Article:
It’s also quite violent. Superstitious villagers accuse the gypsy (Lizard‘s Florinda Bolkan) of being a witch, beating her with chains in a painfully flesh-stripping sequence. And the scene with a man falling off a cliff features loving close-ups of his face being ripped to pieces as he hits the jagged rocks again and again, a neat FX trick Fulci loved so much that he re-used it in 1977’s The Psychic. And the director pulls no punches in showing the bodies of the murdered boys.

American gialli are a rarity, but Alfred Sole’s 1976 Alice, Sweet Alice fits the category with its mystery killer and gory murders. Paula Sheppard plays Alice, a disturbed 12-year-old who is accused of murdering her younger sister (a debuting Brooke Shields). Set in 1960s New Jersey, it’s rife with religious symbolism…and religious guilt.

Sole keeps the audience guessing while providing a lot to think about. His compositions are extraordinary and the characters suitably bizarre. The landlord in Alice’s building is the disgustingly obese and damp Mr. Alphonso (Alphonso DeNoble), who tries to molest her, and practically all the other adults seem to be ineffective or out of their minds.

There are some memorably violent setpieces in the film as well. When Alice’s Aunt Annie (Jane Lowry) is standing on the staircase outside their apartment, the killer below her stabs at her feet and legs. And when a victim is clutching a St. Christopher’s medal in his mouth to provide a post-mortem bit of evidence for the cops, the killer bashes his teeth in with a rock to retrieve it. I don’t want to give any other spoilers, because this is a slasher giallo worth seeing.

Due to distribution troubles, Alice got thrown into public domain in the early days of home video, and has wrongly earned the reputation of being an exploitation cheapie. Nothing could be further from the truth.

And, of course, killers in flesh-colored masks are always extra creepy.

Brian DePalma’s Dressed to Kill is his loving 1979 tribute to giallo. Dismissed on its original release as self-indulgent claptrap by the uninitiated, it has grown in stature over the years.

In the ’80s, the home video revolution brought Italian gialli to our shores, and we learned to speak the language. This enabled modern viewers to appreciate this dreamlike fugue with its gorgeous cinematography by Ralf Bode and the luscious score by Italian composer Pino Donaggio.

Although some of the plot twists are a bit obvious (but so were the original gialli), just check out the seduction scene as a mystery man toys with Angie Dickinson in a Steadicam tour of MOMA (actually the Philadelphia Museum of Art).

And the interactions between teenager Peter (Keith Gordon) and Liz (Nancy Allen), the world-wise hooker who witnessed his mother’s demise and teams up with him to find the killer, are tartly refreshing.


Here’s the last word — and maybe the last nail in the genre’s coffin. In 2009, Argento tried to revisit his former glory with the bluntly-titled Giallo, starring Adrian Brody and Emmanuelle Seigner, but it was an unsurprisingly boring snoozefest. He’s got two films that are either announced or in pre-production, but I just don’t know if he’s got the steam. At age 79, je keeps falling back on his old tropes to lesser and lesser effect.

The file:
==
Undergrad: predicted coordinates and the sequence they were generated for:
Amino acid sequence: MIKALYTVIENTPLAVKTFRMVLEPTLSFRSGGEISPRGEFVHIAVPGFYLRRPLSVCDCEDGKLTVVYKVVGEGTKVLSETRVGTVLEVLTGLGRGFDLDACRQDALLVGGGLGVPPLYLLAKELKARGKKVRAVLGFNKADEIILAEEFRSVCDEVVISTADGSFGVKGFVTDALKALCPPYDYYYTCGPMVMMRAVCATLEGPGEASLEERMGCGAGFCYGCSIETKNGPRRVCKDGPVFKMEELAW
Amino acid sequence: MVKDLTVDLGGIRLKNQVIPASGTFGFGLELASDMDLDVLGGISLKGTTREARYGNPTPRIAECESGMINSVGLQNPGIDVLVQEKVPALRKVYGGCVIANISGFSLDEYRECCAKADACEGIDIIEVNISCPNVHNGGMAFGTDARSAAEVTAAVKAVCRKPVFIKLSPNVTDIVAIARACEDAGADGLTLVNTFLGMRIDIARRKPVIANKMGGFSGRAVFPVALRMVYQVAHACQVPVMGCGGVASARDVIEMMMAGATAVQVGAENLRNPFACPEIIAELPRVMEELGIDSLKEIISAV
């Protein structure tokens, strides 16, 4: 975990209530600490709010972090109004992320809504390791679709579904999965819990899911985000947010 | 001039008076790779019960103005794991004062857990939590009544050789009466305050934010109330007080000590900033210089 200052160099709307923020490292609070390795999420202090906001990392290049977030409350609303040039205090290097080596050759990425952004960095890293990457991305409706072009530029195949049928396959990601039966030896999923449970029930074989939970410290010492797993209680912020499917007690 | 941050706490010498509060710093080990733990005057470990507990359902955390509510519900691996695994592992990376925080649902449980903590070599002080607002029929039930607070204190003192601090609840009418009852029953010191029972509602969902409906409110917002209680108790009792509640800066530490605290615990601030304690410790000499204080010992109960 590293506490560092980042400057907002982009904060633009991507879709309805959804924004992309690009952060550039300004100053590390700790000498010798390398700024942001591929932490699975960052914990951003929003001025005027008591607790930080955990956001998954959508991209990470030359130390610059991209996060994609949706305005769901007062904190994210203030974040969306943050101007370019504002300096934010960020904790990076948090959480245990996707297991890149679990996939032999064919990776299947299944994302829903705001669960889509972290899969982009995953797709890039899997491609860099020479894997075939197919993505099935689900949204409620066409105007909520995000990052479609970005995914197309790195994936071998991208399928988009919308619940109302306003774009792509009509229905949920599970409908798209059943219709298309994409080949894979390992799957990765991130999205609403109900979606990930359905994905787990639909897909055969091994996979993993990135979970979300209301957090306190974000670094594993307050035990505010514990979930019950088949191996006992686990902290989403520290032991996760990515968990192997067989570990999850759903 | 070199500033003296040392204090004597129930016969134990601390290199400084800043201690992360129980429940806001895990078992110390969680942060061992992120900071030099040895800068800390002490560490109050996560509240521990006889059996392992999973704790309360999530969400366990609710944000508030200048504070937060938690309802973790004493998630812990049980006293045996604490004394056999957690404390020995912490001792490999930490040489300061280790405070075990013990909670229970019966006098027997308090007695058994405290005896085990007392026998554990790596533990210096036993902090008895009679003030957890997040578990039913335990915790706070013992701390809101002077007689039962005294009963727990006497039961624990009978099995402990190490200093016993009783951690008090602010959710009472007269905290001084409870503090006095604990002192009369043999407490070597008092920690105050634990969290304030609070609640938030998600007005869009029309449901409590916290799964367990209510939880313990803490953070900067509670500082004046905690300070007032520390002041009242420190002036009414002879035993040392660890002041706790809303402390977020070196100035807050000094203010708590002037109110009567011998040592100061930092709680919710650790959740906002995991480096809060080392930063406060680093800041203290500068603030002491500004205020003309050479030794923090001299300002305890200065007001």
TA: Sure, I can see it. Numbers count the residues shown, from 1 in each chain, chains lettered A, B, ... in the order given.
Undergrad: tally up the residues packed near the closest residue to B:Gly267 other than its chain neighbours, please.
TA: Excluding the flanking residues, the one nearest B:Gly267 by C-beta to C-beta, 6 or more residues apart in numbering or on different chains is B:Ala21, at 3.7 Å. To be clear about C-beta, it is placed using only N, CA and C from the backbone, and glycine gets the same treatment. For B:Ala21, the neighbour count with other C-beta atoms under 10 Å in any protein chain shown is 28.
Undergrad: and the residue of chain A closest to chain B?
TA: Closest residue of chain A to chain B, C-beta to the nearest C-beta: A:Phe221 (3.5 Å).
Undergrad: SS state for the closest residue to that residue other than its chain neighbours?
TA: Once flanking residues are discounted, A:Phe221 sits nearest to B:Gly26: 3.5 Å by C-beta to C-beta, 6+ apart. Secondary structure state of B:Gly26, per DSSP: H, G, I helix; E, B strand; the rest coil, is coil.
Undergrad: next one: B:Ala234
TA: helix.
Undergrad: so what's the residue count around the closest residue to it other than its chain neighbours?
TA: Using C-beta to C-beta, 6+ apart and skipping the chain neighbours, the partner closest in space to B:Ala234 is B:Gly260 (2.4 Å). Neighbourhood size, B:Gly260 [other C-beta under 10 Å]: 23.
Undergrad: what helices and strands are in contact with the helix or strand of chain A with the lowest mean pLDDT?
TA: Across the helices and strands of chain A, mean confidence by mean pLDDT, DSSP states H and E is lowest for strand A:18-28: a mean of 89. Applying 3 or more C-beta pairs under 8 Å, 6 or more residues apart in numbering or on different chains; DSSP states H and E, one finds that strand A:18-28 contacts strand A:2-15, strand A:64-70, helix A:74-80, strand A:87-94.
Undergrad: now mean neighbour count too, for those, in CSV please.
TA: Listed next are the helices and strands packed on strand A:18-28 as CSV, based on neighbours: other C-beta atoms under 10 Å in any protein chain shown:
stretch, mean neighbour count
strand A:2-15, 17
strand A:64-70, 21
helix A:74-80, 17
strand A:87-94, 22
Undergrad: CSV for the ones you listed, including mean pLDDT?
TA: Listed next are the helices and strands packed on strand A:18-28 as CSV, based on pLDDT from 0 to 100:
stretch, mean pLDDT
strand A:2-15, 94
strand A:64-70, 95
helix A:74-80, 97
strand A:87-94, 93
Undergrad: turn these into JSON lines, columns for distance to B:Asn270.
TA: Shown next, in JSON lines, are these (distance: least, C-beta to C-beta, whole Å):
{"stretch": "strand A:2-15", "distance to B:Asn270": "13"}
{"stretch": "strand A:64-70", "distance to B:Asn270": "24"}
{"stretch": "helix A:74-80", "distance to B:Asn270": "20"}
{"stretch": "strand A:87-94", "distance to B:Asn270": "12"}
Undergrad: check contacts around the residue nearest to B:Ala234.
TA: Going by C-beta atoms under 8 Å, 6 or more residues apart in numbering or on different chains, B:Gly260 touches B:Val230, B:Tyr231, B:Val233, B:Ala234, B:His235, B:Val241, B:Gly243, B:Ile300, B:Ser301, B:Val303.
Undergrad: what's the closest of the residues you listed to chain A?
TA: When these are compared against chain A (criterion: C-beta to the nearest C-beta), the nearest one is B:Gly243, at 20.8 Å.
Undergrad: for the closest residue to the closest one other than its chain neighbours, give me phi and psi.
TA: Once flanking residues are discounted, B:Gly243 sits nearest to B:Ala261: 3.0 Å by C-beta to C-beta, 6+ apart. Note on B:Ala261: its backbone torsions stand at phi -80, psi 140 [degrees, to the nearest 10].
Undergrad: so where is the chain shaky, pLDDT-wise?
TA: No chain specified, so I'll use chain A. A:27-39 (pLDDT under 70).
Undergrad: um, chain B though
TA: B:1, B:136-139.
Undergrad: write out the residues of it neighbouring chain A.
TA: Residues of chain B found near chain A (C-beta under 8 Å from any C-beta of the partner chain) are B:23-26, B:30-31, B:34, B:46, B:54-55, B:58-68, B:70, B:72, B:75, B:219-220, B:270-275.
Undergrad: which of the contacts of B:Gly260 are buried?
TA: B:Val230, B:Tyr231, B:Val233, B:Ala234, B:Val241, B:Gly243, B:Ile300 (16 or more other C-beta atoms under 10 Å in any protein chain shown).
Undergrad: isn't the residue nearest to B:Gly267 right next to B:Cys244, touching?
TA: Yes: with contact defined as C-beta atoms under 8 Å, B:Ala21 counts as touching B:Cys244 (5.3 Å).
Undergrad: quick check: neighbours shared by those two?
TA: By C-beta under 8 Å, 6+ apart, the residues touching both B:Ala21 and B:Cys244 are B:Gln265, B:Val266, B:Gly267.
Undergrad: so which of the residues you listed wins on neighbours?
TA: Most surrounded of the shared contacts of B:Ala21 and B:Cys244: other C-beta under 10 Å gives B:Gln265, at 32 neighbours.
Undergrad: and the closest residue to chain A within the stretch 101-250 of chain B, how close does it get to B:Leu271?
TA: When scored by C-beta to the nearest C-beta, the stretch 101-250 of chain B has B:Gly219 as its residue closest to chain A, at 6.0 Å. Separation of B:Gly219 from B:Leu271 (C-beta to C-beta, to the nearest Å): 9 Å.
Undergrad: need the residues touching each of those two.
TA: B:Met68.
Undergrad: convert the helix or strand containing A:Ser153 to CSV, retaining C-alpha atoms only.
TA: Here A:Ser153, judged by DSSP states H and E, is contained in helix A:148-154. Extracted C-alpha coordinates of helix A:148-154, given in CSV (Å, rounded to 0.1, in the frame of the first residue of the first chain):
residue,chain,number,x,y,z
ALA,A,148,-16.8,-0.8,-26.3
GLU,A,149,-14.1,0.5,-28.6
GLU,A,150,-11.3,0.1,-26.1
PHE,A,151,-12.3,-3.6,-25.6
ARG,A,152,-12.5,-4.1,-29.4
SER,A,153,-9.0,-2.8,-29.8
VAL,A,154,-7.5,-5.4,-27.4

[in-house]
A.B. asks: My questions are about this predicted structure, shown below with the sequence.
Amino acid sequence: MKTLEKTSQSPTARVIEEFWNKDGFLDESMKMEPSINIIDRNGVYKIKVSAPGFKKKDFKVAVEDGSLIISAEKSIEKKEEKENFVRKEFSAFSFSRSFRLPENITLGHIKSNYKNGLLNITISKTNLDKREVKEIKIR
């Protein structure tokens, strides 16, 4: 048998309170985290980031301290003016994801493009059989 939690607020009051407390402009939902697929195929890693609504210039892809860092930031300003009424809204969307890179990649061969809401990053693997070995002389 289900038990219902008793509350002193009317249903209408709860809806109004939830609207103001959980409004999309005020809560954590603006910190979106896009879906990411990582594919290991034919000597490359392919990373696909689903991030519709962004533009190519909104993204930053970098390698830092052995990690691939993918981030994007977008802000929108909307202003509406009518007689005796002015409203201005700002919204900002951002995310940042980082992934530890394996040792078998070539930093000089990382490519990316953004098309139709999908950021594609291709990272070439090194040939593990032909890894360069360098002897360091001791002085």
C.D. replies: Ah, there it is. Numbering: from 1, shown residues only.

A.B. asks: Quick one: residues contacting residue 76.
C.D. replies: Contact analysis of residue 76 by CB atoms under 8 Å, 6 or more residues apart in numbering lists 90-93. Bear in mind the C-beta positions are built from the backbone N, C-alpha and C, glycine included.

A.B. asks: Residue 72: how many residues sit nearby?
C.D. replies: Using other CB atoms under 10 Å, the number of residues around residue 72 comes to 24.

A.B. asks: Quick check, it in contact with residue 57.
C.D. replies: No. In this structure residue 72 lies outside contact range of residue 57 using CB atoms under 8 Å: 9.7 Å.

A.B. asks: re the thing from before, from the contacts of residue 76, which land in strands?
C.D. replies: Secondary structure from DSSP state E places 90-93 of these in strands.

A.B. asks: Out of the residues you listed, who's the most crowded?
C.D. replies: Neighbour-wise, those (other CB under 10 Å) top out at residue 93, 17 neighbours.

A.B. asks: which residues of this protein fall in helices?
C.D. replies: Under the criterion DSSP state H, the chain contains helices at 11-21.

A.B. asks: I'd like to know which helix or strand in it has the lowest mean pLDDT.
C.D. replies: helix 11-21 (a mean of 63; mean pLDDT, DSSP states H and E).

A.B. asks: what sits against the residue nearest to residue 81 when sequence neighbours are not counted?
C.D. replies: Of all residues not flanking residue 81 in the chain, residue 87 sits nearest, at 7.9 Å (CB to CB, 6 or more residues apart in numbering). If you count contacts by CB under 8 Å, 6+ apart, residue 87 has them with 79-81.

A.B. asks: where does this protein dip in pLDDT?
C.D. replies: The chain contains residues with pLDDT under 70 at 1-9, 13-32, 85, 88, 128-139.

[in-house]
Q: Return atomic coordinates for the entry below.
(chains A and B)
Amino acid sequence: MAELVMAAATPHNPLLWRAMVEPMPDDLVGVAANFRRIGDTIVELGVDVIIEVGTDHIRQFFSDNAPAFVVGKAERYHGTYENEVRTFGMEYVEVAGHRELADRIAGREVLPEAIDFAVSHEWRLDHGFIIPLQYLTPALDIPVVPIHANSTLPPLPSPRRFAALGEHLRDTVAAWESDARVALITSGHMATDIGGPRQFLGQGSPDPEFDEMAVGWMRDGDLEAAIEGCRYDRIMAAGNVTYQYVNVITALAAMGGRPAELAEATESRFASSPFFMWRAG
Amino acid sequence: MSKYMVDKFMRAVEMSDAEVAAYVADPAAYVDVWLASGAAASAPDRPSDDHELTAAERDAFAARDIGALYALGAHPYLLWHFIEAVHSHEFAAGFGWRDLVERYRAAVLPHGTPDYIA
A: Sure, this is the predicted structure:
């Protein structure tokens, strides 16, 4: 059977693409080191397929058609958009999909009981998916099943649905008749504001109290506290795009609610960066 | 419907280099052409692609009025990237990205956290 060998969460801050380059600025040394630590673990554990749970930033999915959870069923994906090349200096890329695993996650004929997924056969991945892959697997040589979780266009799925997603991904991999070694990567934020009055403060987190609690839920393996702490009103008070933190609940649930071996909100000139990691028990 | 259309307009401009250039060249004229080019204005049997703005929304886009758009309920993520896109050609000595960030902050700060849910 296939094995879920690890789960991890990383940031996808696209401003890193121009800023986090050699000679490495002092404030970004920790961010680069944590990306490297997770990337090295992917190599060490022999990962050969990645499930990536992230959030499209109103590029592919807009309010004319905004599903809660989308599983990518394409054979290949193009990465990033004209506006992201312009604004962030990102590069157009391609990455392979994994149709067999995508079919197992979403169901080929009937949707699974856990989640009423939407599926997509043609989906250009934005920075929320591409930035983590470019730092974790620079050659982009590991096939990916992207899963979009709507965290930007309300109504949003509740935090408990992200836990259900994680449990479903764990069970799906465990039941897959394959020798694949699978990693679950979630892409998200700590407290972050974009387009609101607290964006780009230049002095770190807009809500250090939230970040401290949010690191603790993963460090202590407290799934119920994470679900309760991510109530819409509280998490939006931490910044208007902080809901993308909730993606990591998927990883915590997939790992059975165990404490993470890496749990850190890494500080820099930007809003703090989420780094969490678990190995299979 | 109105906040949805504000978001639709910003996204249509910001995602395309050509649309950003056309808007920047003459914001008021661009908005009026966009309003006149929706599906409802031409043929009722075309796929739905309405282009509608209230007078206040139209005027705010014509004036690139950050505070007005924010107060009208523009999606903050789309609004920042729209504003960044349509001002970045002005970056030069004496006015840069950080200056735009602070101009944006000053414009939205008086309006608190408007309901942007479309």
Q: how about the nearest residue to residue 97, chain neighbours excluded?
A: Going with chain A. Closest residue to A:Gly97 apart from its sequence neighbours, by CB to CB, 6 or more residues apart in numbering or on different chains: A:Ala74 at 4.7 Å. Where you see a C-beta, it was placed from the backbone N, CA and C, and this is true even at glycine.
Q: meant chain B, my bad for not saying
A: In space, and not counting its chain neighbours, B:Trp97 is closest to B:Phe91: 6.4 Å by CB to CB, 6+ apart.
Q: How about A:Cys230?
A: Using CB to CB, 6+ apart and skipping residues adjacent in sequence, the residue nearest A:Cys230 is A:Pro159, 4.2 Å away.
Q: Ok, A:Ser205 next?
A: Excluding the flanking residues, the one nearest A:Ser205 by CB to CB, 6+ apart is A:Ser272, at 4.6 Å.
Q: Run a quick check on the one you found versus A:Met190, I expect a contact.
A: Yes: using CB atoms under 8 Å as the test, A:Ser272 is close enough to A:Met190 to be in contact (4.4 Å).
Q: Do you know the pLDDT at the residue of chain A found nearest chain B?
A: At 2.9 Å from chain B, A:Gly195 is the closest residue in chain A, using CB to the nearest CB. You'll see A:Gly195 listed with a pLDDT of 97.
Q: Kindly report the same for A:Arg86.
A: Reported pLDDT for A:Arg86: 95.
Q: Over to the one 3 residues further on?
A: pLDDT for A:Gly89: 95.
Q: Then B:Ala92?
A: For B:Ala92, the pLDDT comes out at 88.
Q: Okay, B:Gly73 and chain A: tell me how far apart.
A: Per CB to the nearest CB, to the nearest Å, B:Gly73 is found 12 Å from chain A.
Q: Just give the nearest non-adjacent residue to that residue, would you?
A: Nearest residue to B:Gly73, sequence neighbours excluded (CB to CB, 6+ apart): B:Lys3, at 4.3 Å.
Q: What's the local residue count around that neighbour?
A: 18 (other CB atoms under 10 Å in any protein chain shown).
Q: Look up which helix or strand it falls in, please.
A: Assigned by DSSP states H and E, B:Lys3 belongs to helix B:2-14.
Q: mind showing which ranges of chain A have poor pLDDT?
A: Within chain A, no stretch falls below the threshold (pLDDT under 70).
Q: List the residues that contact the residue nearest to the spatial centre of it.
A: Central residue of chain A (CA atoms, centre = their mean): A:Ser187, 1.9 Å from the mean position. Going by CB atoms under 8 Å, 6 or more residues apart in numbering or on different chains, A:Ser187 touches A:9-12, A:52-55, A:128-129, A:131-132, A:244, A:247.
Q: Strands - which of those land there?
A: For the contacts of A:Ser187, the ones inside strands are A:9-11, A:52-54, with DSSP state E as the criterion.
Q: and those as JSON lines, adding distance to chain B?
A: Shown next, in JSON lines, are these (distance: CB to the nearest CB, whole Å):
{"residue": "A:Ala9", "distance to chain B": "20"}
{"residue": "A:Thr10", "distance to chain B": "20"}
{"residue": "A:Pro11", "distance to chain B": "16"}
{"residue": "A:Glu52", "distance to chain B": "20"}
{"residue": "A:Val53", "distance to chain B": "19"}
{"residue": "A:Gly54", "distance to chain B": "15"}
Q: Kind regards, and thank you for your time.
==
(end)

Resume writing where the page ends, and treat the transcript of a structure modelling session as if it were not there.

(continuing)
Now for the goofy. Recently I watched the aforementioned The Slasher…is the Sex Maniac!, starring a slumming Farley Granger (Hitchcock’s Rope and Strangers on a Train), and I was rewarded with all the cheesy fun one wants in an Italian thriller from the ’70s.

Granger plays a homicide detective in search of a murderer who targets the wives of prominent men, but who are also involved in extramarital affairs. This sets the rather misogynist tone of the piece. Even Granger’s cop notes about one of the widowers: “The husband is shattered. First the murder, and then he finds out his wife was a whore.”

This being 1972, it’s a big-time boob and butt movie, and almost all of the victims are seen frolicking with their Bee Gees lookalike boyfriends prior to their slaying. And there’s always a knife wound below one of the victim’s breasts so that the camera can linger upon it again and again. The score is a kind of soft jazz with the de regueur female voices singing “oohhh…ahhhh….”

There’s some strange continuity, too. One victim’s boyfriend leaves the house and the killer, dressed all in black with a black stocking hiding his face, appears. The victim screams and races outside where it’s suddenly day-for-night and she’s running on a beach. And even though the killer stabs at her with up-and-down motions, somehow her throat is neatly slit from ear to ear.

It’s also a really smoky movie. Everyone is smoking constantly. And Granger stops to stare thoughtfully at the camera for a long time (while smoking) when something is occurring to him. I don’t recall seeing a film with so many actors that look like wax dummies, but they blink and move, so I guess they must be alive.

The women all have really elaborate 1970s eye makeup and hairdos, and some of them look like drag queens. And how come when the killer telephones the police to mock them he has to get all decked out in his maniac outfit and mask? It’s not like he’s Facetiming them!

The conclusion is actually quite interesting, however (no spoilers).

There’s supposedly a XXX version floating around with hardcore inserts, which would be a very strange experience indeed.

Kurt Gardner